Musings of a Beaverton Teen: Mental Health: Let’s Talk About It

By Emery Hanel (12th Grade)emery-hanel

May is Mental Health Awareness Month. It has been observed in the United States for nearly 60 consecutive years and was instituted to shed light on symptoms of mental illness in an effort to aid individuals in recognizing warning signs and addressing the condition before it becomes severe.

This year’s focus is on factors that put individuals at risk for developing mental health problems, including but not limited to risky sexual activity, substance abuse, internet and video game addiction, money mismanagement, poor eating habits, and poor exercise habits.

The mission of “Mental Health America” (MHA) is to “educate the public on habits and behaviors that increase the risk of developing or exacerbating mental illnesses”, and Mental Health Awareness Month is a massive part of their campaign against the negative stigmatizations of mental illness.

MHA’s goals are shared with similar groups such as the National Alliance on Mental Illness (NAMI), a group dedicated to changing how the majority of the world perceives mental illness.

The negative stereotypes associated with mental illness impact their ability to be hired, acquire safe housing, be given responsibility, make friends, and their likelihood of criminalization. Because of this, those suffering from mental illness oftentimes choose to ignore their affliction in fear of being affected by the symptoms and never meet with a mental health professional to receive the assistance they need.

Without support and in some cases, without the necessary medications, these individuals are unable to recover from their mental illness and some even commit suicide as a consequence.

The facts speak for themselves: less than 50% of adult Americans suffering from mental illness receive the treatment they need and, correspondingly, suicide is one of the top ten leading causes of death in the United States.

Here is how you can help:

  • End the taboo on mental illness. Talk about it! Ask about it! Propose solutions for making the world a more tolerable place for those suffering from symptoms of mental illness.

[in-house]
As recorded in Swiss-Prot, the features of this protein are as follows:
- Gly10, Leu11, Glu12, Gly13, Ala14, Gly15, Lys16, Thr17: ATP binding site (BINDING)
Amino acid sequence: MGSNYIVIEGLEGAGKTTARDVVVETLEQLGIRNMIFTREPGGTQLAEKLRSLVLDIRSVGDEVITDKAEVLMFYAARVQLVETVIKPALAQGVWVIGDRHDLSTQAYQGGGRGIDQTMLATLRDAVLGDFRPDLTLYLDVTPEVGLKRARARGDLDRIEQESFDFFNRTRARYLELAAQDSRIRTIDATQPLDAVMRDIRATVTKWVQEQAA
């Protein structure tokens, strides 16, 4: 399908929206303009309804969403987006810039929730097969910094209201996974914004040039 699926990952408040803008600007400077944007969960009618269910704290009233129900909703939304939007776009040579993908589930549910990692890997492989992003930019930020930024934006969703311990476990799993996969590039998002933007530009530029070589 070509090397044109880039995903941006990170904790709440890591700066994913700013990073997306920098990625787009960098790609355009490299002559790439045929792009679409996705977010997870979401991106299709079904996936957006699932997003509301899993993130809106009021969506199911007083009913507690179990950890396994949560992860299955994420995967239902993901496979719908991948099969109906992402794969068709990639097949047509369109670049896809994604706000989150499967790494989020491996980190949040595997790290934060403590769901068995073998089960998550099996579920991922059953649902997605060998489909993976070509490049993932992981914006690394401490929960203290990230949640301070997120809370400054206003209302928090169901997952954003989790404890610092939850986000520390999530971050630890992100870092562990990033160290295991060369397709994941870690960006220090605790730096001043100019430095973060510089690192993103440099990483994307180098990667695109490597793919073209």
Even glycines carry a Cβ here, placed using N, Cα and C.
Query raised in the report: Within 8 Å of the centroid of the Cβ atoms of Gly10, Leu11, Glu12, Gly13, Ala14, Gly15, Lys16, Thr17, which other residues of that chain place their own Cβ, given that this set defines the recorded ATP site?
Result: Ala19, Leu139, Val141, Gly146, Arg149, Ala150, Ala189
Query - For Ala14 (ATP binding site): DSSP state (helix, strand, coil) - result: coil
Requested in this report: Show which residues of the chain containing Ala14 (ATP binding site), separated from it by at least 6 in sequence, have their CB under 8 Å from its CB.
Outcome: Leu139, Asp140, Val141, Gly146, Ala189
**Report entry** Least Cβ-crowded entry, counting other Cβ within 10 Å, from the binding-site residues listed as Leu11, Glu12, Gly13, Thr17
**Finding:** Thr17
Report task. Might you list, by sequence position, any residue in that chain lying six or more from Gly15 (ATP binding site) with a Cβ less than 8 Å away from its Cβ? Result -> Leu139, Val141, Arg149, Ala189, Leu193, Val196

• If you hear someone spreading a misconception about mental illness, correct them. Education is the key to inciting change. Advocate for those who are suffering.
  • Don’t abuse mental illness terminology. For example, a high school teenager is not “psycho” because they acted angrily one time. The weather is not “bipolar” because it changed quickly. “OCD” is not an adjective– it’s a serious disorder.
  • Be supportive of individuals suffering from mental illness. Ask them how you can best help them cope with their condition. And most importantly, don’t identify that individual by their mental disorder. Their mental illness is a part of them, but it does not dictate who they are as a person. Listen to them. Encourage them to share their story with others.
  • Research! Do some reading up on mental illness. Being informed is being an ally to those with mental illness.
  • Volunteer with Lines for Life or YouthLine as a crisis line responder. Assist others at Albertina Kerr, an organization that helps individual of all ages to cope with developmental disabilities and mental health challenges. Dedicate your time to providing emotional support to clients through Volunteers of America Oregon.
  • Most importantly, if you or a friend are in danger of harming yourself or themselves, please don’t hesitate to call the 24/7 national suicide prevention hotline at 1-800-273-TALK (8255). It’s free, it’s confidential, and can connect you with the resources you need.

Emery Hanel is a senior at Jesuit High School who enjoys reading, writing, and playing lacrosse.